The Colonialism of the Present

making connections between struggles is so important.

Unsettling America

An indigenous warrior stares down a member of the Canadian military during the 1990 An indigenous warrior stares down a member of the Canadian military during the 1990 “Oka Crisis.”

By Andrew Bard Epstein, Jacobin Magazine

Scholar and activist Glen Coulthard on the connection between indigenous and anticapitalist struggles

In March 1990, armed warriors from Kanesatake — one of several Mohawk communities in Canada that constitutes the eastern-most nation of the Haudenosaunee Confederacy — erected barricades to prevent the further extension of a private golf course into their land. When a police invasion four months later ended in the death of an officer, nearly three thousand Canadian soldiers descended. Mohawks from Kahnawake blockaded the Mercier Bridge into Montreal in solidarity. A seventy-eight day standoff ensued.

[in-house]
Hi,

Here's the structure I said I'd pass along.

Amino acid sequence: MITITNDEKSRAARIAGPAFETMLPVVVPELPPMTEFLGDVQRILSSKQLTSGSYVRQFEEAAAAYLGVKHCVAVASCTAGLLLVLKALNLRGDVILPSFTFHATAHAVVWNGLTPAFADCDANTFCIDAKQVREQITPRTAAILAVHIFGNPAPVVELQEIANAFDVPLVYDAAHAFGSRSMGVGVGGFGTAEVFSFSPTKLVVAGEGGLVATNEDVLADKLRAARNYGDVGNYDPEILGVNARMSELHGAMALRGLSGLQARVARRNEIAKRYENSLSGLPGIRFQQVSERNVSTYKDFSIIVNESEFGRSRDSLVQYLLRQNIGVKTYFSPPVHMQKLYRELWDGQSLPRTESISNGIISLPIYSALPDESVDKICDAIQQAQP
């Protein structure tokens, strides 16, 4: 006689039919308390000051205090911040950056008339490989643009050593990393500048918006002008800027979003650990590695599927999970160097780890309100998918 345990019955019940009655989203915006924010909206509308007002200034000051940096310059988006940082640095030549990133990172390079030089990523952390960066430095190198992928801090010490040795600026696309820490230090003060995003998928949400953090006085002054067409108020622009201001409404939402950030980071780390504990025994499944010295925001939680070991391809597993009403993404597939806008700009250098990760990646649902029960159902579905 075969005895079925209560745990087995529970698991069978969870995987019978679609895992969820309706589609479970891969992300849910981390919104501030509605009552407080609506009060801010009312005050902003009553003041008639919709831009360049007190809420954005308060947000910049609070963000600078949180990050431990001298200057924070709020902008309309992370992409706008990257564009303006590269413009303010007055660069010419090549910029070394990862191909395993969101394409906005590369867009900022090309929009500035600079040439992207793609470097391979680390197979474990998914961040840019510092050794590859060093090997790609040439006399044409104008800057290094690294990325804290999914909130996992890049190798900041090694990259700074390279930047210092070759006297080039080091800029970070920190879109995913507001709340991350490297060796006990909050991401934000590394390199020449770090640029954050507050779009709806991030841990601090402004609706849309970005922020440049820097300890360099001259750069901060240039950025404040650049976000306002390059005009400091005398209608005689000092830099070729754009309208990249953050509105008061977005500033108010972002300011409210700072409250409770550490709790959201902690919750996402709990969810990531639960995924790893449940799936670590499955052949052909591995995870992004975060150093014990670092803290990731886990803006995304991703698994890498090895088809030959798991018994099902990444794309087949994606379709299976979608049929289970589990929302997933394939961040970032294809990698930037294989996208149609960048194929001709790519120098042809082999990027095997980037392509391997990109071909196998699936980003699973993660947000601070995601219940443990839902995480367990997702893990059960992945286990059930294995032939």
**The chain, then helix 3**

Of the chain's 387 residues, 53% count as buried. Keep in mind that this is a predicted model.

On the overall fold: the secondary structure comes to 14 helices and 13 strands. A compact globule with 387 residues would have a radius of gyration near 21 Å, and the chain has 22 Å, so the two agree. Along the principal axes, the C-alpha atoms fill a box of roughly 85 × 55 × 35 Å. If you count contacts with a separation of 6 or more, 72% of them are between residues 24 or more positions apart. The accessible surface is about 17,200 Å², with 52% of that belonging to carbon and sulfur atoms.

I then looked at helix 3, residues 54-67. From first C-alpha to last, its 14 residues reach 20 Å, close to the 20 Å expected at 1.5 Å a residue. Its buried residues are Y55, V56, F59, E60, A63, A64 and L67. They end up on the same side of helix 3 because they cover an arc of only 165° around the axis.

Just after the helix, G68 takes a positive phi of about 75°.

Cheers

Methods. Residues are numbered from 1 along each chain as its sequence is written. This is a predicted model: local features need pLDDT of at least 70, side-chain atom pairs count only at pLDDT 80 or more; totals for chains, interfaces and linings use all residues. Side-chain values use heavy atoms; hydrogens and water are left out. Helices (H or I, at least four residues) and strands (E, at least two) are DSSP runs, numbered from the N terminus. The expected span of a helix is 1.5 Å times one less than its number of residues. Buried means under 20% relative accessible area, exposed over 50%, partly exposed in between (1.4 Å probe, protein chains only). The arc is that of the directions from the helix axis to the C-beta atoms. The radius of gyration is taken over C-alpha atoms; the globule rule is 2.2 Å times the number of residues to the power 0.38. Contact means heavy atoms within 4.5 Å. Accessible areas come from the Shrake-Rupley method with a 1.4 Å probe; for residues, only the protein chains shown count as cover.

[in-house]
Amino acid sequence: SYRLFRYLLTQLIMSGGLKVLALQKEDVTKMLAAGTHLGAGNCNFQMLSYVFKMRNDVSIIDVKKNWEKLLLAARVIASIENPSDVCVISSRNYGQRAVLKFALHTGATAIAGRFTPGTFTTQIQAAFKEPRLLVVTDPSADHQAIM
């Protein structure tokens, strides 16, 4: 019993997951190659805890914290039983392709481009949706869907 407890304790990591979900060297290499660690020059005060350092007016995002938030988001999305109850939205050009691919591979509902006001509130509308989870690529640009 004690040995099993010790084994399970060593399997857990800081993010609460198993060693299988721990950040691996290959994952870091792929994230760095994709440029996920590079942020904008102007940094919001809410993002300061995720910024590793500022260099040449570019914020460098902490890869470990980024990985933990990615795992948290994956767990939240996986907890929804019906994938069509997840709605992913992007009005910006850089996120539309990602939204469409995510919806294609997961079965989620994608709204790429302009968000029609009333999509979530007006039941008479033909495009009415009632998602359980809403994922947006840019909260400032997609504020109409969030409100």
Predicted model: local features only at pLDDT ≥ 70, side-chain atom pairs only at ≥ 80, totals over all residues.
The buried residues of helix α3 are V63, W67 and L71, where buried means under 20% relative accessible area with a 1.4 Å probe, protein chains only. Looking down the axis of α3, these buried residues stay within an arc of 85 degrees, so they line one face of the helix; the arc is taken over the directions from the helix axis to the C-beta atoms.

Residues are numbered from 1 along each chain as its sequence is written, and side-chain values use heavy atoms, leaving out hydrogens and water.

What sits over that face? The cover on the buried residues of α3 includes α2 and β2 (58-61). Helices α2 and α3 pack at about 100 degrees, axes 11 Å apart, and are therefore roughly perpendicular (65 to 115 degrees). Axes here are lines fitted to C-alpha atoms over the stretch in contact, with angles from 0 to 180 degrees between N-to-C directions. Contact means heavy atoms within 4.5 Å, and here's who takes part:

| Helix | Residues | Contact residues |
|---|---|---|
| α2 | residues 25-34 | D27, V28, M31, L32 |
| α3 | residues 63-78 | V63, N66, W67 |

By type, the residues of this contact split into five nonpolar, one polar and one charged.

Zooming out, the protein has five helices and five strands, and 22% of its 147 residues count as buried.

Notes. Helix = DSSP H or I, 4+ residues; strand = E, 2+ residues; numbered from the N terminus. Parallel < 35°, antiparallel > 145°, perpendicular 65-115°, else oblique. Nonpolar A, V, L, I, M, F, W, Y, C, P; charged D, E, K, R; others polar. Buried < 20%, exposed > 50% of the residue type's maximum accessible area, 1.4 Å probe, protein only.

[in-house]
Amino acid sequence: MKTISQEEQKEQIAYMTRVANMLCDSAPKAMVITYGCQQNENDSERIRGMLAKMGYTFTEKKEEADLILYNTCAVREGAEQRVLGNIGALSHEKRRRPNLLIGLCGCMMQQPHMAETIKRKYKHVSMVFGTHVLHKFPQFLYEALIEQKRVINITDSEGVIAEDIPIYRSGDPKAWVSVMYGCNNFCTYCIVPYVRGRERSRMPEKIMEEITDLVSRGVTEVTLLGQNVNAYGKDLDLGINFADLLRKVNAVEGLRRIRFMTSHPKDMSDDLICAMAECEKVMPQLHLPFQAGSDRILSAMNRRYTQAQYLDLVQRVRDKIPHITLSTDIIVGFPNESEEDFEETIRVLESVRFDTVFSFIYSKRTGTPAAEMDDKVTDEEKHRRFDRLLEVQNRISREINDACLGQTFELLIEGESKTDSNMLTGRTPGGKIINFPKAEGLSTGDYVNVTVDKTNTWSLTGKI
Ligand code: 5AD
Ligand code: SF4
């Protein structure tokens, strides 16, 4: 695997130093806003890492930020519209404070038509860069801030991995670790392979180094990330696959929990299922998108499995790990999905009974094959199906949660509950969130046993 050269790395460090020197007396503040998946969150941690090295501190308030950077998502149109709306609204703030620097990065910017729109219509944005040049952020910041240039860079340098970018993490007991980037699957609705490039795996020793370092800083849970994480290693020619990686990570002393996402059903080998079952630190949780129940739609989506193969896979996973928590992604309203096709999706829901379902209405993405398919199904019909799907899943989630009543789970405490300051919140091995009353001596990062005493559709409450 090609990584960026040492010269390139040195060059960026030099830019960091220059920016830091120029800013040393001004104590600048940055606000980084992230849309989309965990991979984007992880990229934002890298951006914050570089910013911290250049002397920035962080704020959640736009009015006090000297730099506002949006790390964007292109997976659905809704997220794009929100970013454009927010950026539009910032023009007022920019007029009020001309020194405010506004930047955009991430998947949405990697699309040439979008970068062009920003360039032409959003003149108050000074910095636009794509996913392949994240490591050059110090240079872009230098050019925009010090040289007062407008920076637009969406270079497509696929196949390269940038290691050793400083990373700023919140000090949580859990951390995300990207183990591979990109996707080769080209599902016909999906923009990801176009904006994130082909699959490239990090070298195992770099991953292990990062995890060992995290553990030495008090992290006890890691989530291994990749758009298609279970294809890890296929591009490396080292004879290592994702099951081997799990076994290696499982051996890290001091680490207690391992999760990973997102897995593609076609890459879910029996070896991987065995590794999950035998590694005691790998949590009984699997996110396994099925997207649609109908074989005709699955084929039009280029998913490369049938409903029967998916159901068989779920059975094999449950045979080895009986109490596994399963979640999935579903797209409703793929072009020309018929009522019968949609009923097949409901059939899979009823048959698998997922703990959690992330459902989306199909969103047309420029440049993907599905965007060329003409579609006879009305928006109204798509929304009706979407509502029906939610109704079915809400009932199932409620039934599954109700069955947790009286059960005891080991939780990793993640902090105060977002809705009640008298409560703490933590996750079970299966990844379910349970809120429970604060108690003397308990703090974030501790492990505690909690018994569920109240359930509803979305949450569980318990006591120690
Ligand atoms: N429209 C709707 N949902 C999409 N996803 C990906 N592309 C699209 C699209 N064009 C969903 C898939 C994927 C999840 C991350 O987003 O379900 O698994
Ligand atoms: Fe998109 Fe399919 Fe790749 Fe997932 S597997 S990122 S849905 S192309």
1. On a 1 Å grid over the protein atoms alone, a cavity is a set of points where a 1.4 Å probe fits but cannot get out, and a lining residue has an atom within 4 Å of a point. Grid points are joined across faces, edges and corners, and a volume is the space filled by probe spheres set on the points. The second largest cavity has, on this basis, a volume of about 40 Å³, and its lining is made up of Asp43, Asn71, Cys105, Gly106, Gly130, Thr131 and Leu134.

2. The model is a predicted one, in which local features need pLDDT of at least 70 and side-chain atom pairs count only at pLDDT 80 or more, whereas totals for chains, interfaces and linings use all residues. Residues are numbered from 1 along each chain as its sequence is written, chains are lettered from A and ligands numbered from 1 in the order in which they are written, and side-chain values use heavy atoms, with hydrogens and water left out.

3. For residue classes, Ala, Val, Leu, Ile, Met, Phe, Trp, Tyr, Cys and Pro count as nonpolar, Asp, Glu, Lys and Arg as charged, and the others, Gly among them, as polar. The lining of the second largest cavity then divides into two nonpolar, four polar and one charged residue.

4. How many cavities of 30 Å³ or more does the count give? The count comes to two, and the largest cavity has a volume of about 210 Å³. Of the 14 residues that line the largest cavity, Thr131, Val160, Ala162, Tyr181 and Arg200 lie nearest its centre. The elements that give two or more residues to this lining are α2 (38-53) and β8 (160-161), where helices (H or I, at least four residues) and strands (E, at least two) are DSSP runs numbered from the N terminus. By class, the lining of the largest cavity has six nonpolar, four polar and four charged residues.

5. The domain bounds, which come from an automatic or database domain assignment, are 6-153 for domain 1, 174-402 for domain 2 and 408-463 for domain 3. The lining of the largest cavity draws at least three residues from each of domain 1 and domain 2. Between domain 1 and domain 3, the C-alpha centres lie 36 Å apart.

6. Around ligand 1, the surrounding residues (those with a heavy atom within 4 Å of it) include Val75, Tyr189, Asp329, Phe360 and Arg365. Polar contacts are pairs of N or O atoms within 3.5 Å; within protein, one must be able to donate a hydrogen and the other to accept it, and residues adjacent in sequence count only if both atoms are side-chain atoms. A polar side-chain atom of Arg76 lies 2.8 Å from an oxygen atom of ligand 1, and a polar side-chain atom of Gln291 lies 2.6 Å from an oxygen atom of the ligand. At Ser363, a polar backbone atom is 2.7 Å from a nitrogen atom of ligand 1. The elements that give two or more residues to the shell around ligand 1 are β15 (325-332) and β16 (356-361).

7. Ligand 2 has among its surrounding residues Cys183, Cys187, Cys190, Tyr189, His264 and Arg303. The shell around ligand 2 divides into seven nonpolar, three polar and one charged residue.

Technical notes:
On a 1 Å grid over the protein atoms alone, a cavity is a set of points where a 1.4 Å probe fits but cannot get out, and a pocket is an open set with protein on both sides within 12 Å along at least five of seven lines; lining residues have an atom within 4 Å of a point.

For the Canadian state, this indigenous revolt — known in colonial memory as “Oka Crisis” — was one of the largest and most expensive military operations in the last half century. “From the vantage point of the colonial state,”…

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